movie film review | chris tookey


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  Watchmen Review
Tookey's Rating
1 /10
Average Rating
5.37 /10
Laurie Jupiter/Silk Spectre II - Malin Akerman , Dr. Manhattan/Jon Osterman - Billy Crudup
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Directed by: Zack Snyder
Written by: David Hayter, Alex Tse , based on the graphic novel co-created and illustrated by Dave Gibbons [and written by the uncredited Alan Moore]

Released: 2009
Origin: US
Colour: C
Length: 161

Hollywood at its woeful worst.
Reviewed by Chris Tookey

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Filming the grim graphic novel Watchmen is a project which has attracted – and defeated – such classy directors as Terry Gilliam, Darren Aranofsky and Paul Greengrass. Any of them would have done a better job than Zack Snyder, the man who perpetrated the uproariously camp bloodbath that was 300.

Even Alan Moore, co-writer of the original book (though wisely he’s taken his name off the movie and denounced it in advance), has called it unfilmable. It was certainly unfilmable by Zack Snyder.

The startlingly ambitious opening montage – a potted pre-history of the Watchmen as masked vigilantes - shows a pace and promise unmatched in the rest of the picture.

Then we find ourselves in an alternative 1985, where President Nixon has been re-elected for a fifth term – hiss, boo. Russia is still a super-power, and on the brink of nuclear war with America.

It all feels woefully dated, as well it might. The film is doggedly faithful to a graphic novel published over two decades ago, long since overtaken by political events. And it’s one too many movies – after X Men, The Dark Knight and Push - set in a world where crime-fighting super-heroes have been outlawed.

That unoriginality, combined with flat dialogue and soulless direction, would be enough to make this a bad movie; but it’s also an example of comic-strip cinema at its most pretentious and overblown. At two hours 44 minutes, it is insanely long. A four-hour director’s cut is threatened.

It is a perfect storm of all the worst aspects of the genre – including a dispiriting appetite for extreme brutality shot with pornographic relish, vacuous characters and abominable acting - especially by Malin Ackerman (pictured) as Silk Spectre, Matthew Goode as a hopelessly lightweight version of Ozymandia, supposedly the world’s brainiest man (sadly, he looks as if one sarcastic comment from Gail Trimble would knock him sideways), and Robert Wisden as Nixon, sporting the world’s most ridiculous false nose.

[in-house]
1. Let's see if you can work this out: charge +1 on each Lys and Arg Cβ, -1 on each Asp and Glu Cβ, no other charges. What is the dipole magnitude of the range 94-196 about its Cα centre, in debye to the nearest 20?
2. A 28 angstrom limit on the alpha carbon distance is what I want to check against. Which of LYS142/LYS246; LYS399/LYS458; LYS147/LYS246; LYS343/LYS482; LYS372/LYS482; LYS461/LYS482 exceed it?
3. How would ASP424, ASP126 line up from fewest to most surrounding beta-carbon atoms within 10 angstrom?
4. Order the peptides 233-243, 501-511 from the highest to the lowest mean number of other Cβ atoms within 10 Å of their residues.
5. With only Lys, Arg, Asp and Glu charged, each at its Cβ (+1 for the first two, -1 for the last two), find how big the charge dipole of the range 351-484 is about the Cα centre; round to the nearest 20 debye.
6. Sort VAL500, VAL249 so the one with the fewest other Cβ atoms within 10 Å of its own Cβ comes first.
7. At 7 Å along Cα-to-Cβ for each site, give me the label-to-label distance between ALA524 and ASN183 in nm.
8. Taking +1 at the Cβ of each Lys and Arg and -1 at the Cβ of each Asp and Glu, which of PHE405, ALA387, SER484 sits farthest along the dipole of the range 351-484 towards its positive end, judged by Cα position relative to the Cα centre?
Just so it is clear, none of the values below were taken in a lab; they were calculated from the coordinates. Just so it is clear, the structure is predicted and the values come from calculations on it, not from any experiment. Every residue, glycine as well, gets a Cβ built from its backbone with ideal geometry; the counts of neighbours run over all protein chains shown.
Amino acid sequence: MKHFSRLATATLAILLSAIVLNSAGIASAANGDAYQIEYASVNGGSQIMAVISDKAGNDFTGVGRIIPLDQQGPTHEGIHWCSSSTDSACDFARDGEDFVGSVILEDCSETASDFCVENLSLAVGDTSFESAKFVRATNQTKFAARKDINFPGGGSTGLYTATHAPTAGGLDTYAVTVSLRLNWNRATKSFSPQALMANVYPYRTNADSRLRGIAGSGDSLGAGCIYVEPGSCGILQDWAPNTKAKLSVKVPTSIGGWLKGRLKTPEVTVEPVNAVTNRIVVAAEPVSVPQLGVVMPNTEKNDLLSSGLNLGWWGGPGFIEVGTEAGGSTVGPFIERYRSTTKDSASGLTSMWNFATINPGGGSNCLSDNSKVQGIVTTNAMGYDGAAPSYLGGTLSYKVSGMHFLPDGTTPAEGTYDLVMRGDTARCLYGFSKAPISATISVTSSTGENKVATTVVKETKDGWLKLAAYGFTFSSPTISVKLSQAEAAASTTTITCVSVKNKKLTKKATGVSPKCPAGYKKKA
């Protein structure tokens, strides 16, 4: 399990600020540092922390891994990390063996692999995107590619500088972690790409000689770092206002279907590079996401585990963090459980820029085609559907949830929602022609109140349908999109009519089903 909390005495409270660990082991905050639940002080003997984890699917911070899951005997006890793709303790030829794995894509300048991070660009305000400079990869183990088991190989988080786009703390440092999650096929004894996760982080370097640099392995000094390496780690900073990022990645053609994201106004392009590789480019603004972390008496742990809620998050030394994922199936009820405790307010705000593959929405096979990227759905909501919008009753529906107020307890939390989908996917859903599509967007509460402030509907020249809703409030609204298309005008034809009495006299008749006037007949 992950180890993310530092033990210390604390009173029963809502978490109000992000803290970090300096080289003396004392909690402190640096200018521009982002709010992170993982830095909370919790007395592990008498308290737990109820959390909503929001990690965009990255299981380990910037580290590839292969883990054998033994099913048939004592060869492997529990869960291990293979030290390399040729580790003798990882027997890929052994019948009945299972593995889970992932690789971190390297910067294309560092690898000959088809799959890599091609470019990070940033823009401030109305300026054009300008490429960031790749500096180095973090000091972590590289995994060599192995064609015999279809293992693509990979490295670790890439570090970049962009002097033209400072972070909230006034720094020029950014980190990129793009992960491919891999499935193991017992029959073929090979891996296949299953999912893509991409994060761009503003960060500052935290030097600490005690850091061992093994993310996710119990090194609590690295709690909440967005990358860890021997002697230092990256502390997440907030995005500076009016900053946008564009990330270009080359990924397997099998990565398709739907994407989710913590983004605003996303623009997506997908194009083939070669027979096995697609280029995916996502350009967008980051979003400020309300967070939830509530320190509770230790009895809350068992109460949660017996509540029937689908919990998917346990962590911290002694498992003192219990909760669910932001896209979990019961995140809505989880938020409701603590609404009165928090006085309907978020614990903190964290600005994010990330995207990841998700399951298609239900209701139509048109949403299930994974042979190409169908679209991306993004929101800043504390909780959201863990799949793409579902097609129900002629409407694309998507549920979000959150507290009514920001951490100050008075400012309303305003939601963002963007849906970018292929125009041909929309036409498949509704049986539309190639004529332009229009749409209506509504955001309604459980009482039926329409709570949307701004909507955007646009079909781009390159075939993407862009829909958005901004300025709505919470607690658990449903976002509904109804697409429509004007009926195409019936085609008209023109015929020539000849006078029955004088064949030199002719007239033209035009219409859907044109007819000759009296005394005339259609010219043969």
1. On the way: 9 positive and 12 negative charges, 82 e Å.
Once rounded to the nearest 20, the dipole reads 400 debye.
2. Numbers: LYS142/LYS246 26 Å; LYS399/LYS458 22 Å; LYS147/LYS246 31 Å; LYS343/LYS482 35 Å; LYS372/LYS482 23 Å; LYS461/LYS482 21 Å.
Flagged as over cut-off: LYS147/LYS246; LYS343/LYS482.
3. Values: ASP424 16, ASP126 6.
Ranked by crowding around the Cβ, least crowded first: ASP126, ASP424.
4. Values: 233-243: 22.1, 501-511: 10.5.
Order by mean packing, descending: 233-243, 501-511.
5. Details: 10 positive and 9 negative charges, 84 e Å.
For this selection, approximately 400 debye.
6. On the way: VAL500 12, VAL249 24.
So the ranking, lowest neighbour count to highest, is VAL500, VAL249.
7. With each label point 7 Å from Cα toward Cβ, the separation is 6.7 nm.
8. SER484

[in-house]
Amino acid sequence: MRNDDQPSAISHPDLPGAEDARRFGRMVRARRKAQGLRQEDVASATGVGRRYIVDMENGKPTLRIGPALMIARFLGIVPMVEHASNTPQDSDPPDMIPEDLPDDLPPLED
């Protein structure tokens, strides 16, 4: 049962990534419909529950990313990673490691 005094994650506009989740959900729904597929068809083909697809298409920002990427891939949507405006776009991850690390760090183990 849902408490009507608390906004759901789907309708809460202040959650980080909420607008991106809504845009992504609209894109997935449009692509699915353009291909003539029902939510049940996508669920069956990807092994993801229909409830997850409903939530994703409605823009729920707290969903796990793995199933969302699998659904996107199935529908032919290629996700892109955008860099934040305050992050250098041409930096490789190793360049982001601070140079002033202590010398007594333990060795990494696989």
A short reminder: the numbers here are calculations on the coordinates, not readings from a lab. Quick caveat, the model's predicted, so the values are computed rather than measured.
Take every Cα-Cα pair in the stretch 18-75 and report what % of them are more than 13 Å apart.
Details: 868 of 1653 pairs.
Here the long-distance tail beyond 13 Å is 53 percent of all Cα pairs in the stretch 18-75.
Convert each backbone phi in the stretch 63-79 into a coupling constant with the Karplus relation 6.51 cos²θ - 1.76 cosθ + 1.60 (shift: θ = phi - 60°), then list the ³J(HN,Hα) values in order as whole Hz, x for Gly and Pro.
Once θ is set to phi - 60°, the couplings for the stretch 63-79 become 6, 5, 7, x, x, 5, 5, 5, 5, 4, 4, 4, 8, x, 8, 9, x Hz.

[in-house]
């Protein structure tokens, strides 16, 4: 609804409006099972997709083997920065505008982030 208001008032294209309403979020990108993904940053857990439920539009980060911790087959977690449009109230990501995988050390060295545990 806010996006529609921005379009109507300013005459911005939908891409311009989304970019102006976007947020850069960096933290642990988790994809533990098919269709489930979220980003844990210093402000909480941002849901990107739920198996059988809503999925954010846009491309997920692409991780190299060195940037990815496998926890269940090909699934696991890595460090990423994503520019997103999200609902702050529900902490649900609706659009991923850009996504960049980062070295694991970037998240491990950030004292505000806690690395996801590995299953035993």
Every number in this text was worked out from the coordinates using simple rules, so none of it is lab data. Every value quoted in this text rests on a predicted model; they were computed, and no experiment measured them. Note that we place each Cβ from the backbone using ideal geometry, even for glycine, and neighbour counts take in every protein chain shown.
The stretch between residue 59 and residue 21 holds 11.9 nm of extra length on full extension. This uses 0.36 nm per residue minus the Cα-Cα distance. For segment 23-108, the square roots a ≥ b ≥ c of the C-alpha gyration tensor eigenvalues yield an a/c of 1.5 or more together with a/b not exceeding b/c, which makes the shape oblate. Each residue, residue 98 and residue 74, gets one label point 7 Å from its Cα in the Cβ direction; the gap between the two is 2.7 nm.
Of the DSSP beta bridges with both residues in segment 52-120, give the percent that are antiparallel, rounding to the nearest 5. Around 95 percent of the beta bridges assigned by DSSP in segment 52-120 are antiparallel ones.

Three-quarters of the movie is taken up with back-story flashbacks about vigilantes for whom most of us will feel nothing except alarm at their fascistic overtones. Even though the future of mankind is supposed to be at stake, it’s shockingly hard to stay awake.

And it’s supremely tasteless. A pregnant woman is shot in the stomach by one of our super-hero protagonists. Two more of them laugh about a man being thrown down a lift shaft. A man is burned alive with cooking fat by a fourth. A six year-old girl is torn apart by dogs. Rape and mutilation are trivialised.

Imagine The Incredibles remade by people with no vestige of humour, taste or humanity, and you’ll know enough to stay away. Unless you’re a diehard fanboy, Watchmen is unwatchable - a grotesque squandering of time, talent and technology.

Already much praised on the internet by “critics” profoundly unworthy of that description, this despicable trash will find an audience among sad sociopaths, deranged pseudo-intellectuals and brutalised, immature men of all ages. I just hope that there aren’t enough of them to make it a hit. If there are, God help cinema.

NOTE: This review provoked much outrage on the net, mainly from people who pointed out that the faults of the film (as I saw them) also existed in the graphic novel. I never said they didn’t.

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